At the planning meeting, Sgt. 1st Class Bel chose a seat in the middle of the long, oval table hoping he could hear everyone's comments. From this central position, he was seated as close to as many speakers as possible.
When the chatter died down and the company commander began the meeting, Bel noticed his heart beating faster and the room began to feel stuffy. Last week's meeting did not go well for him because he was sitting at the far end of the table, away from the commander, when he was asked to provide an update to the group. He must have been thinking about something else because he didn't realize it was his turn to speak. When he noticed, the whole table was looking at him and the commander was saying, "Bel, are you with us?" He had to ask her to repeat the question, which the rest of the table found amusing, except for the commander. He unintentionally interrupted the first sergeant at a later point in the meeting, which earned him some more curious looks.
When this week's meeting was over, Bel felt unusually tired from the extra effort, but was relieved that he escaped any embarrassing moments similar to last week. He had expended great effort to stay alert to who was speaking and keep his eyes on that person. He seemed to hear better when he was looking at the person speaking.
Bel had been dodging his follow-up hearing tests for the past several years. No one seemed to notice that he did not return to the clinic as the technician instructed him to do after his annual hearing tests. After the embarrassing close calls at the staff meetings, he finally made an appointment with the audiology clinic.
The audiologist, Capt. Shelton, diagnosed hearing loss in his left ear and issued an H2 profile. Shelton explained that the profile required use of hearing protection devices, or HPDs, at all times in hazardous noise in order to prevent further hearing damage. Shelton then re-fit Bel's HPD and, after some follow-up testing to rule out a serious medical condition, also recommended a hearing aid for Bel's left ear. Shelton explained that the hearing aid would make listening easier in the difficult situations.
Bel couldn't believe he was at the point of needing hearing aids and regretted those times when he should have used hearing protection but didn't. Shelton encouraged Bel to return for hearing aid fitting and provided him with information about hearing protection on and off the duty. He also went over the techniques that could make communication easier in difficult situations.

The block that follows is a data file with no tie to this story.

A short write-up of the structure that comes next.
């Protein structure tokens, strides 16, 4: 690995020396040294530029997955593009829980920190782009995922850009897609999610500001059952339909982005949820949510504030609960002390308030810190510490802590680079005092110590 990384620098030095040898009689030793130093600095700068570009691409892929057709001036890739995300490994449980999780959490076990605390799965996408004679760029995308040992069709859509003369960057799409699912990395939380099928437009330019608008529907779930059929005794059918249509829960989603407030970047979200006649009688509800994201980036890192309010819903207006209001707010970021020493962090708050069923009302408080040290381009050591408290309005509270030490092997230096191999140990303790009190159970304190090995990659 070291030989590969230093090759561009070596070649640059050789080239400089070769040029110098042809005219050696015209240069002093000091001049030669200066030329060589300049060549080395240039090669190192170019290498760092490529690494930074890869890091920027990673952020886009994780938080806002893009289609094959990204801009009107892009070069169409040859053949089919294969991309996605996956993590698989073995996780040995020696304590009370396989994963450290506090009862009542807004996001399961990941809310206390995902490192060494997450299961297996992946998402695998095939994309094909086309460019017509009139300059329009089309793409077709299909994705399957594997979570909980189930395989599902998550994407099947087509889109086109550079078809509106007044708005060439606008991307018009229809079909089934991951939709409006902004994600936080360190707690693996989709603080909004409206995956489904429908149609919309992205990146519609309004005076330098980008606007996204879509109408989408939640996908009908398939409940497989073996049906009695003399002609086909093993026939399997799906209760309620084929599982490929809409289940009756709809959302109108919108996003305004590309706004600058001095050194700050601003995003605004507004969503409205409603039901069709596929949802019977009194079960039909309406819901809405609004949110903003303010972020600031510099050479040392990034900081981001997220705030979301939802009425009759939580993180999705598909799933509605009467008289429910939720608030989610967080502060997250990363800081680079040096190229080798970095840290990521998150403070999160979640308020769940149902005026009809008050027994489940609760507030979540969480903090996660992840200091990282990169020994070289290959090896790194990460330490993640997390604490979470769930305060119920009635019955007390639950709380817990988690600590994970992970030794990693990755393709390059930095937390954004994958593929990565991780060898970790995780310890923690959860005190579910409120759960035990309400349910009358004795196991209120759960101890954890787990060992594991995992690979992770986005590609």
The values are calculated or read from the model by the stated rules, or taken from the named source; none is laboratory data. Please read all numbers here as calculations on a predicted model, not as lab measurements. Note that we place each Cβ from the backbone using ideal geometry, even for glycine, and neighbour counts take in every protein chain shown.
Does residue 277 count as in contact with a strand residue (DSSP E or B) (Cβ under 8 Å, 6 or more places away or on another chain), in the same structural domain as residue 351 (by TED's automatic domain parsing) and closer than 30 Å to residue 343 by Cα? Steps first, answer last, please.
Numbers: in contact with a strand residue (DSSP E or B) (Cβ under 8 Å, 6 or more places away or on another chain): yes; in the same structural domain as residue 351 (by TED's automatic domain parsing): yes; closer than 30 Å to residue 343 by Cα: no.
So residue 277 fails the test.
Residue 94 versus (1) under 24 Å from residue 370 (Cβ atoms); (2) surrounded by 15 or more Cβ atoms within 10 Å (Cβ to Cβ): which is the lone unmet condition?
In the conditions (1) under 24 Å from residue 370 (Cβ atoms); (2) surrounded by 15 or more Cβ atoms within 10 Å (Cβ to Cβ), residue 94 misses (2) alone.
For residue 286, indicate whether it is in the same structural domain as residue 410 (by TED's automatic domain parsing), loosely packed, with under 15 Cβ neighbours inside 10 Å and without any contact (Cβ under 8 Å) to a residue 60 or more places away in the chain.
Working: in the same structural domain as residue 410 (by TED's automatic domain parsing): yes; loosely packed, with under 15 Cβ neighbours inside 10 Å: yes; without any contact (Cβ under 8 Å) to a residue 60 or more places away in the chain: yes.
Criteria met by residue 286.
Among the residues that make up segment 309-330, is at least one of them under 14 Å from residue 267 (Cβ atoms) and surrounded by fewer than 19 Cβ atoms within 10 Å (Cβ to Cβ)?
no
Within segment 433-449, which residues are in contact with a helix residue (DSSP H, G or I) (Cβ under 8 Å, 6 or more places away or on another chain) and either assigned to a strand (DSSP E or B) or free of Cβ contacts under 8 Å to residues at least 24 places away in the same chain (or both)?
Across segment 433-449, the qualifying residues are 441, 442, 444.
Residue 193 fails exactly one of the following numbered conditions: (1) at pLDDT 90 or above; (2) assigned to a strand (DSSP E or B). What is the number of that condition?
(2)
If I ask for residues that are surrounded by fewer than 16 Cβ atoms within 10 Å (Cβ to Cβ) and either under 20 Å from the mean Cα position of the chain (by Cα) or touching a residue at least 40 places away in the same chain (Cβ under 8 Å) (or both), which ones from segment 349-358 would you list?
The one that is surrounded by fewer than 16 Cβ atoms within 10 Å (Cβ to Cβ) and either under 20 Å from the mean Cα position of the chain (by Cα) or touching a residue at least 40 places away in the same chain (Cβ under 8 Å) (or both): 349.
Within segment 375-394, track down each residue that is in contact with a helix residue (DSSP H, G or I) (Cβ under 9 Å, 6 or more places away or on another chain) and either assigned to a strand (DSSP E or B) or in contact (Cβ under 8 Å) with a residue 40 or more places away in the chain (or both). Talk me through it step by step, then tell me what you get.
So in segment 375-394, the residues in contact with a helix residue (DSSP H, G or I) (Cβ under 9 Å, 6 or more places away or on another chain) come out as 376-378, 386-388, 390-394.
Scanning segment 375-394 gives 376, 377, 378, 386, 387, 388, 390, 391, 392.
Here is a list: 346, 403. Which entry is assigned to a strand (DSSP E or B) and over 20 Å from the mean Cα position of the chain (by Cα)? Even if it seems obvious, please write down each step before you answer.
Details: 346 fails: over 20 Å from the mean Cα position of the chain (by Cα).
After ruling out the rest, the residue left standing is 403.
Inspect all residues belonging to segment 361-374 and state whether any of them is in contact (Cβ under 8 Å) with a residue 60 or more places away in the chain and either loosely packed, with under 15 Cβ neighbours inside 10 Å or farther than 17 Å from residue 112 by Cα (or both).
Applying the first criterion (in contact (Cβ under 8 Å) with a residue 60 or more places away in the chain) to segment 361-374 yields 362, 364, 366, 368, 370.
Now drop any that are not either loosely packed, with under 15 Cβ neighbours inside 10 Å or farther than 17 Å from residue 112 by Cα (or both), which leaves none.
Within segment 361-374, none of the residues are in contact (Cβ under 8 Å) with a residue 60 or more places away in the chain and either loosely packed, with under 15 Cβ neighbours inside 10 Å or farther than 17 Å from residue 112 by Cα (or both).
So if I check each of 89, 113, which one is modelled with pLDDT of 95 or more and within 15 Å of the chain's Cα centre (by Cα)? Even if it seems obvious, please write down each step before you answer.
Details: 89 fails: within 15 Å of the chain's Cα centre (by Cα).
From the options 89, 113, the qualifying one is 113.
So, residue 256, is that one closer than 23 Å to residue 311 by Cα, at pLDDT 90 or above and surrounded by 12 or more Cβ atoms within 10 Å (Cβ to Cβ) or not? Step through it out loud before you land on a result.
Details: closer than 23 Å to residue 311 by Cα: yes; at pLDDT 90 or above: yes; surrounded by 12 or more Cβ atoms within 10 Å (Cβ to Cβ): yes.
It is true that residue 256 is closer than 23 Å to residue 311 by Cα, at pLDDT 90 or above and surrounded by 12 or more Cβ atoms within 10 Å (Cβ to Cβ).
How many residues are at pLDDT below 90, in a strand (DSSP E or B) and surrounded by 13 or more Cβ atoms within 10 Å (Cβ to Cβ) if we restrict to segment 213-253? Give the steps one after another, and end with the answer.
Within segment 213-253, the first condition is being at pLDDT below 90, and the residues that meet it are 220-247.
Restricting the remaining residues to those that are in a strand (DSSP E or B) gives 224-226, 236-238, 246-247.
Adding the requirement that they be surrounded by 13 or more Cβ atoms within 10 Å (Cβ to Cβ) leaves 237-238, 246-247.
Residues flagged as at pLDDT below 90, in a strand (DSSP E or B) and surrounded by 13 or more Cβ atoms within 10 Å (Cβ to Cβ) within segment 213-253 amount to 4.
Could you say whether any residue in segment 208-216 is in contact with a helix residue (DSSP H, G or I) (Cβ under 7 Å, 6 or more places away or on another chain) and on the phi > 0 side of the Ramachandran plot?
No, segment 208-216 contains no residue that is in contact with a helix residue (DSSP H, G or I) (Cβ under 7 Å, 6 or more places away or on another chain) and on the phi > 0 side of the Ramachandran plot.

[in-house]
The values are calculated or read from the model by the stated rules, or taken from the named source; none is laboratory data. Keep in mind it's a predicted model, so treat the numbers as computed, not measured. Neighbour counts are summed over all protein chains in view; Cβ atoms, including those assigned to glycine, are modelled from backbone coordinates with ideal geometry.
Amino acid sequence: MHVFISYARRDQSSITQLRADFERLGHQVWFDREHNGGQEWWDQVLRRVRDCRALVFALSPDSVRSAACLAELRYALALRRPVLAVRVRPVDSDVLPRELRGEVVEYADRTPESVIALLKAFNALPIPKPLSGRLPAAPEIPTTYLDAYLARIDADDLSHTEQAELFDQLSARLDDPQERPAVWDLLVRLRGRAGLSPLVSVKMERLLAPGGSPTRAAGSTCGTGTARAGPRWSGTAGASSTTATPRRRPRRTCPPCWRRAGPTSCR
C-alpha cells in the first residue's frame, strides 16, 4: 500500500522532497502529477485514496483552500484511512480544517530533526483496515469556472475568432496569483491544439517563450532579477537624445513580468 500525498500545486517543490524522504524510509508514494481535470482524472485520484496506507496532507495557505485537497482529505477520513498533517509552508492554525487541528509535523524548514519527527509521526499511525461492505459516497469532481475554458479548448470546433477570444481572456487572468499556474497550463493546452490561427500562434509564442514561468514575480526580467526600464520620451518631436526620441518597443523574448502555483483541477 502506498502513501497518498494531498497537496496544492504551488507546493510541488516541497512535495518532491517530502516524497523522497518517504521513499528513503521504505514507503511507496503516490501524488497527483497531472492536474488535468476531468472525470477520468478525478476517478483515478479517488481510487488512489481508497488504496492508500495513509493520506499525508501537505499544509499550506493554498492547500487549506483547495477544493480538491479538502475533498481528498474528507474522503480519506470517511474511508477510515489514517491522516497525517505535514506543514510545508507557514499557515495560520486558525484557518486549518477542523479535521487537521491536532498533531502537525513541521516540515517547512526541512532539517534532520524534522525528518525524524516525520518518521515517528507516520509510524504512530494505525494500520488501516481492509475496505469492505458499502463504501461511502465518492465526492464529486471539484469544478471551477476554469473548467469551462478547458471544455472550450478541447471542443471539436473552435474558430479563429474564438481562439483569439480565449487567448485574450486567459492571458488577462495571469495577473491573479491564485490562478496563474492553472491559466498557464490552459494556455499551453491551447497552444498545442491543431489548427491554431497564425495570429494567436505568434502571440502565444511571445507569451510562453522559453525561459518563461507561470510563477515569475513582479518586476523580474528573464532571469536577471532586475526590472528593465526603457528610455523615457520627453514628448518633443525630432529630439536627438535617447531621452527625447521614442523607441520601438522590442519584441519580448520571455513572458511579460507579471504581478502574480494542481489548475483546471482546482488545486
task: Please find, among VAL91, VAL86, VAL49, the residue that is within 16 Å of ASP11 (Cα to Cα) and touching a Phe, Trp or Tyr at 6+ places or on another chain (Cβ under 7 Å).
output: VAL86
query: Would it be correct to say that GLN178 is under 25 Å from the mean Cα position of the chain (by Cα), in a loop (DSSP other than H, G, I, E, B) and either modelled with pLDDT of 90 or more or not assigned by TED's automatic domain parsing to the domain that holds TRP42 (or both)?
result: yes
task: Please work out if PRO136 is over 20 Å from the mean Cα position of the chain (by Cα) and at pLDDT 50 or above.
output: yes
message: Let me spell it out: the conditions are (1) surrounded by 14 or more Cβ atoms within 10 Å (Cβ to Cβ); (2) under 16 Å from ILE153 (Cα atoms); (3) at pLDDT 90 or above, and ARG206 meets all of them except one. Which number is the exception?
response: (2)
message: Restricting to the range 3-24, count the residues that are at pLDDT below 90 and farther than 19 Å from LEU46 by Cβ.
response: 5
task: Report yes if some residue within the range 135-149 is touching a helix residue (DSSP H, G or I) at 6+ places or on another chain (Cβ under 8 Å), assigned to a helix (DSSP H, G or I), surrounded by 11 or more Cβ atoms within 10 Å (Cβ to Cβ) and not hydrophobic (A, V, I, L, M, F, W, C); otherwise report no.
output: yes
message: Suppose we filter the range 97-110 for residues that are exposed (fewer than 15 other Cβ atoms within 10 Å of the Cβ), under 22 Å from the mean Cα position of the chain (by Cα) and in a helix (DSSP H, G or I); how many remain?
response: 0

Although the characters in this story are fictional, the scenario is very real. Many service members can relate to Bel's communication difficulties. Communication is an interactive process, in which an individual often switches roles from listener to speaker and back again. Many speakers may be talking at once or there could be background noise present which makes listening even more challenging. Adding hearing loss to this complex listening process can be overwhelming in certain situations.
Sadly, hearing loss resulting from hazardous noise exposure is permanent; however, there are many communication techniques that can be useful in difficult listening situations. Bel already used some strategies in the planning meeting to compensate for his hearing loss. For example, he chose seating close to the speaker and watched the speaker carefully. Later, Bel also put into practice some of the communication tips he learned from the audiologist such as asking for a quieter table at a restaurant, away from the kitchen and the bar and sitting with his better ear toward the speaker.
Other useful communication strategies include:
1. Instructing your conversational partner--Ask the talker to change the delivery (slow down, uncover your mouth, face me).
2. Use close-ended questions--Phrase remarks to constrain the verbal response (Would you like water, tea or juice?).
3. Set yourself up for success--Optimize the listening environment for communication (move to where it is quiet and well-lit).
4. Go easy on yourself--Relax, breathe deeply.
5. Anticipate--Observe situational cues, make predictions about the message or the speaker's style.
More than 400,000 post-9/11 veterans have suffered hearing loss and tinnitus (ringing in the ears). While there is no cure for noise-induced hearing loss or tinnitus, there are treatments available for both. During May, national Better Hearing and Speech Month, learn about hazards of noise exposure. Every month, remember that hearing loss from noise can be prevented by using properly fitted hearing protection devices.
Contact your local military treatment facility for additional information or visit the Army Hearing Program, U.S. Army Public Health Command Web site at http://phc.amedd.army.mil/topics/workplacehealth/hrc/Pages/default.aspx.